X-ray computed tomography – or CT – scanners are designed with people of an average build in mind. When obese patients require a CT scan, the additional layers of body fat will produce blurry images if the scanner’s regular settings are used. Clinicians typically address this problem by turning up the power of the scanner. Unfortunately, doing so results in overweight patients receiving higher-than-normal doses of radiation. A new computer modeling system developed at New York’s Rensselaer Polytechnic Institute, however, could help bring those levels down.

According to research conducted at Rensselaer, obese mens’ internal organs receive an average of 62 percent more radiation than those of average-weight men, during a typical CT scan. For women, the figure is 59 percent. In either case, although the increased exposure might not amount to much for just one session, it could definitely add up over the course of multiple scans.

Professor of nuclear engineering Xie George Xu is hoping to minimize that extra radiation, with his soon-to-be-released VirtualDose software package. In the creation of the software, Xu led a team that developed “ultra-realistic” 3D computer models of bodies exhibiting various levels of obesity – those models are known as “phantoms.” The researchers also used computer simulations, to determine how X-rays interacted with the body tissues of each of those models.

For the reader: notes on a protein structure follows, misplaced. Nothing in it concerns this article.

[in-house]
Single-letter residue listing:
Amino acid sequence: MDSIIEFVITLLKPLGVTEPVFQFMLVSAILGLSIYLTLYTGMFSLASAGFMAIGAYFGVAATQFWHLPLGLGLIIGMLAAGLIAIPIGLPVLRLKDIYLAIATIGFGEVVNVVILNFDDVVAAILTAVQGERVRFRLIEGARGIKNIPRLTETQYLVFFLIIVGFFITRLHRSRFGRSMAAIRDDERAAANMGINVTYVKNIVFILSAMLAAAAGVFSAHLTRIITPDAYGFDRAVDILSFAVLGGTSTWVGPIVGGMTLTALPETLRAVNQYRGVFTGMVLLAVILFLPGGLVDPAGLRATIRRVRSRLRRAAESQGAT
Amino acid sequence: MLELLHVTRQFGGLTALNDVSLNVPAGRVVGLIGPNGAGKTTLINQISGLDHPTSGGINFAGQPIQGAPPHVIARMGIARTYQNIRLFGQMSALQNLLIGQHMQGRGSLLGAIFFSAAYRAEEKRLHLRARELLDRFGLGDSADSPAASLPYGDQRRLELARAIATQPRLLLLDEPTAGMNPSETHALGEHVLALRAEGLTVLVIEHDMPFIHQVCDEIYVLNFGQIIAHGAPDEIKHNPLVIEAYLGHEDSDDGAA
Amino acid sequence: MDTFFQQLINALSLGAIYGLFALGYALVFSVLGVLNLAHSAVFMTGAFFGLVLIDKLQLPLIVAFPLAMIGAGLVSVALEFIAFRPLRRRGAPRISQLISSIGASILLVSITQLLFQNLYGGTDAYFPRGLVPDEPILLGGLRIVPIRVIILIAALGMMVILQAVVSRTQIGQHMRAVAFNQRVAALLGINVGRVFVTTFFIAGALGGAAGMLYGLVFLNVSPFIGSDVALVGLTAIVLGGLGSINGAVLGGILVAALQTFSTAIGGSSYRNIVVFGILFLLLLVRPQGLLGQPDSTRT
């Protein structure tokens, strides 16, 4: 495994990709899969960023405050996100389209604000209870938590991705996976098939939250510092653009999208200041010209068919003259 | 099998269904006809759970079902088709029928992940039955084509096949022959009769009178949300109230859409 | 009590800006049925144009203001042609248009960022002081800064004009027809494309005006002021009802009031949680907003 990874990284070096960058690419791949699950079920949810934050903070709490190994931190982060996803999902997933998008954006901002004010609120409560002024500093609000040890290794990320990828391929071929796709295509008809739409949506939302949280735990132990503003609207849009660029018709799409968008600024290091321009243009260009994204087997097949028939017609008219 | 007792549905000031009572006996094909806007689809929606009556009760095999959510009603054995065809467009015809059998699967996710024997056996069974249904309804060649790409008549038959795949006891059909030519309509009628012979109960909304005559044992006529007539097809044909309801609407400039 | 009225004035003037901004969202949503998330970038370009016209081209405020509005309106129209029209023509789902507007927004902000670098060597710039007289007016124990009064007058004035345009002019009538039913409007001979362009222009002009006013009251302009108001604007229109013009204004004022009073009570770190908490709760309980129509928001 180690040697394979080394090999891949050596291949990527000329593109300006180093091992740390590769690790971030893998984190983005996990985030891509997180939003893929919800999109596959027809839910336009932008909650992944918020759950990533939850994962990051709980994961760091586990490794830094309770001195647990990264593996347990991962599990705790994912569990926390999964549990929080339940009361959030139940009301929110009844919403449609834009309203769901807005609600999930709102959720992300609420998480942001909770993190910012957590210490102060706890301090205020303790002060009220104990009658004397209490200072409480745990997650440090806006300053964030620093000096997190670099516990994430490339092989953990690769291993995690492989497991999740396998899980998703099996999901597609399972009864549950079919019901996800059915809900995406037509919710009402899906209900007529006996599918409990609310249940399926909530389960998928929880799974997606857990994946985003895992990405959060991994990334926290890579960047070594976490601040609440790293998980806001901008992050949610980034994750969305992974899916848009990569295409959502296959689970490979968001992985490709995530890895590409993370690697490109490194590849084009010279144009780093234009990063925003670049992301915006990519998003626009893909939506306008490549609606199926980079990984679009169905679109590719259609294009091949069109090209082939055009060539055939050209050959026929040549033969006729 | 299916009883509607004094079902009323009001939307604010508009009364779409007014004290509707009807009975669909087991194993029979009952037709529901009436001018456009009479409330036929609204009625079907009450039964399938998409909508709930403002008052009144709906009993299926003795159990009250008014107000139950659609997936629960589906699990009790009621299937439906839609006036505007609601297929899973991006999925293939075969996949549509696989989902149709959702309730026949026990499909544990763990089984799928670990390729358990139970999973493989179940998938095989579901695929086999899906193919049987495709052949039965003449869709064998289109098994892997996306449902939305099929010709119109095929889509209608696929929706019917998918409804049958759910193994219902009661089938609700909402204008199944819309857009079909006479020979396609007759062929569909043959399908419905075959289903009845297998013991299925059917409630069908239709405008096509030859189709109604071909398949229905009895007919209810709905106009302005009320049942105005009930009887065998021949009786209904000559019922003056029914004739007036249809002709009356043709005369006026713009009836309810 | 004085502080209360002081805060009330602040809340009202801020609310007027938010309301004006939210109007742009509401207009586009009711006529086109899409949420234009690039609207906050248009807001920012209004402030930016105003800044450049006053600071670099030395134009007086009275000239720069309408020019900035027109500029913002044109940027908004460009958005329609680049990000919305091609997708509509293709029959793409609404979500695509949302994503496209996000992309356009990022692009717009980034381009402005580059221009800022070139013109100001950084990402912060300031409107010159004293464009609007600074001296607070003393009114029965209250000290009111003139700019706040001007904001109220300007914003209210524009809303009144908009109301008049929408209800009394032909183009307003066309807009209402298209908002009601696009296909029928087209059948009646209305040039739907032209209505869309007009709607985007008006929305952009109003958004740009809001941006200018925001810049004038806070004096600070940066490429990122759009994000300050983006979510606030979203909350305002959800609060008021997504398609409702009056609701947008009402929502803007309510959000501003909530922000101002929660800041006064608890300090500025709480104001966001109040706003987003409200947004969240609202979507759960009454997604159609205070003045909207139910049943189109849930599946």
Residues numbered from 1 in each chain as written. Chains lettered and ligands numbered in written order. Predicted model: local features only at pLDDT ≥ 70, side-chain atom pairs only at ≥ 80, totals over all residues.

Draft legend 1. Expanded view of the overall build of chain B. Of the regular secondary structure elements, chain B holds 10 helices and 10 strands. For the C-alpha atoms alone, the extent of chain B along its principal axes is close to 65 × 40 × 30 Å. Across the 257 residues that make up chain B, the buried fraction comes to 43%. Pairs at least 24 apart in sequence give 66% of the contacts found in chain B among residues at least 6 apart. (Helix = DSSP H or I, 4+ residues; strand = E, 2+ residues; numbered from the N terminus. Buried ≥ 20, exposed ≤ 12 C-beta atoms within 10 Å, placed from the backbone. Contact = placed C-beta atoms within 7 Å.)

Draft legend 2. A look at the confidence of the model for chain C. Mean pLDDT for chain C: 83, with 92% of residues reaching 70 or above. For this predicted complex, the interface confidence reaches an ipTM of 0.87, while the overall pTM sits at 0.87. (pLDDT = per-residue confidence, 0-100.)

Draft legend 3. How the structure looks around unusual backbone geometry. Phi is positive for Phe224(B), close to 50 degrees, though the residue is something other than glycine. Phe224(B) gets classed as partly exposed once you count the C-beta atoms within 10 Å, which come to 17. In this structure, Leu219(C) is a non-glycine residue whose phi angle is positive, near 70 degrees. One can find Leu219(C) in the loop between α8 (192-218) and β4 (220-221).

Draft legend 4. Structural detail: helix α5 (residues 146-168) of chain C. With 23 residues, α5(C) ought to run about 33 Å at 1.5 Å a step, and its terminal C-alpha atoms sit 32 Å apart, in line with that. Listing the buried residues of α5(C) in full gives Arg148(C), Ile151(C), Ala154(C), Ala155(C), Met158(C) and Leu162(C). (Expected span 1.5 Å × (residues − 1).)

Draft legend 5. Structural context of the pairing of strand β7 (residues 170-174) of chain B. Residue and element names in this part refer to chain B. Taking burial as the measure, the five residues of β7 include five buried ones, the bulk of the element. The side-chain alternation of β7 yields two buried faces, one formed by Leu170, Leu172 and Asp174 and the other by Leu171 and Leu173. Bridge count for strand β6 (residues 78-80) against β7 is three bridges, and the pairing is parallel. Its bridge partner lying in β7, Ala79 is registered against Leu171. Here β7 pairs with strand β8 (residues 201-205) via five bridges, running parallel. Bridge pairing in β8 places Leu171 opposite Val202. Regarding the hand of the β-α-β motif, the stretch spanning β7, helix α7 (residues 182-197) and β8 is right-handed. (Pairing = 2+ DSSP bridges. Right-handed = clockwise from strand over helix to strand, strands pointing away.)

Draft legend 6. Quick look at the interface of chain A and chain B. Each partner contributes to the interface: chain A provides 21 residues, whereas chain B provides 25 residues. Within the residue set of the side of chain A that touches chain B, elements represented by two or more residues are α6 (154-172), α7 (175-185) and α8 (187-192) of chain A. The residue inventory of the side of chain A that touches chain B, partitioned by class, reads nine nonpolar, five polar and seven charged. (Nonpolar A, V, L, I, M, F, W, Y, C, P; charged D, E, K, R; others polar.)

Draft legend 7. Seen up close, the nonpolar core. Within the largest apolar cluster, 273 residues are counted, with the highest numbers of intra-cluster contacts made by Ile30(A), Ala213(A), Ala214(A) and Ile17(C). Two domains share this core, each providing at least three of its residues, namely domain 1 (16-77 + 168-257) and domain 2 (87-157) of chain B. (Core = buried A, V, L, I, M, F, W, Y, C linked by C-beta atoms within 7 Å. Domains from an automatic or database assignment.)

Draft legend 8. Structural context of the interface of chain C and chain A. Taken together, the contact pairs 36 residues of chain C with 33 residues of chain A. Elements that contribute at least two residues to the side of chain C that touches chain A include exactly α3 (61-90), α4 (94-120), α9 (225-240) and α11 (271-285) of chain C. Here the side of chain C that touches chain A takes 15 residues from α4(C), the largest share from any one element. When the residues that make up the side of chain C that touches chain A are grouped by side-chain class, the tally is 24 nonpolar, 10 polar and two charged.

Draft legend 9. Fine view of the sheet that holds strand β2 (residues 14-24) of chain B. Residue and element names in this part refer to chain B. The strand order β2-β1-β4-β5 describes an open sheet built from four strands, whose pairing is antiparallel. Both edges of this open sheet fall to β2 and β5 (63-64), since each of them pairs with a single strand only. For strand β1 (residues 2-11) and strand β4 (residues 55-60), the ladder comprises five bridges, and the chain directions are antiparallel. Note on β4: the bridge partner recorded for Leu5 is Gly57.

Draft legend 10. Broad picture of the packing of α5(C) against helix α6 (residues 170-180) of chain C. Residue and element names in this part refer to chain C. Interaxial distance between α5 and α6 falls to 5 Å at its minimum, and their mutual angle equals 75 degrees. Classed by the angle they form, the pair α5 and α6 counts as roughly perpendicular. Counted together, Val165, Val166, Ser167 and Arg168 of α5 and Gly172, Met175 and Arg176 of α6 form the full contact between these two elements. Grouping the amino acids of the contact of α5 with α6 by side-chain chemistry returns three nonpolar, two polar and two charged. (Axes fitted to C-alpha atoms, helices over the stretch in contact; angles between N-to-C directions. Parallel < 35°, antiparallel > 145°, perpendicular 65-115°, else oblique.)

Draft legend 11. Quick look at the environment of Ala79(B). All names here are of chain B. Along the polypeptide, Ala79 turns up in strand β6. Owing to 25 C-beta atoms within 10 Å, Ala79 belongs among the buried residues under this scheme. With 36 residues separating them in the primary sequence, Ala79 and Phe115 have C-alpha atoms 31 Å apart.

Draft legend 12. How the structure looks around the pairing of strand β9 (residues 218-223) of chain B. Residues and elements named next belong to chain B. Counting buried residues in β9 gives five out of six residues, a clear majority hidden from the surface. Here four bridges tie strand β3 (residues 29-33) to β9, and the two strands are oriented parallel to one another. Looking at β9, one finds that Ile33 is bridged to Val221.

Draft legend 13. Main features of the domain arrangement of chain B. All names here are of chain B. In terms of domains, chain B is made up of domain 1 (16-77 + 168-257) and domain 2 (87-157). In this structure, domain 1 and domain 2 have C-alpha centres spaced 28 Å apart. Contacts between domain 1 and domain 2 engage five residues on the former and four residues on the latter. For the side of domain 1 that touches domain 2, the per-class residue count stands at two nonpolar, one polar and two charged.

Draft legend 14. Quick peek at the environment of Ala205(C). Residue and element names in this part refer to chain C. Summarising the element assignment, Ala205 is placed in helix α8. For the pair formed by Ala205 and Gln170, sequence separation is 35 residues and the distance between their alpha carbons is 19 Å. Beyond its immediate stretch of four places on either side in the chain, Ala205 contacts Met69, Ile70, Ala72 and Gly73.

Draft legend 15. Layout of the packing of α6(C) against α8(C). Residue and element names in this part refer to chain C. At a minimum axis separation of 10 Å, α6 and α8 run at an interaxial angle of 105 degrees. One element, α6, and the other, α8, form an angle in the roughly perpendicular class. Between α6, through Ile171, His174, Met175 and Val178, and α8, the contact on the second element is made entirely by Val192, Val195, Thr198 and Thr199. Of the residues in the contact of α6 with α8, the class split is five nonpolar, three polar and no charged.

To use the software, physicians would start by inputting data regarding the patient, such as their age, sex, height and weight – for a female patient, it could also be indicated whether or not she were pregnant. Using this information, VirtualDose would determine which of the phantoms matched the physique of the individual patient. It would then display how much radiation would result from using different scanning configurations to image their organs, leaving it up to the physician to choose one that involved the least amount of radiation, while still providing decent images.

The software would also keep track of the cumulative amount of radiation received by the patient during scans, throughout their lifetime.

A paper on the research was published today, in the journal Physics in Medicine & Biology.

Source: Rensselaer Polytechnic Institute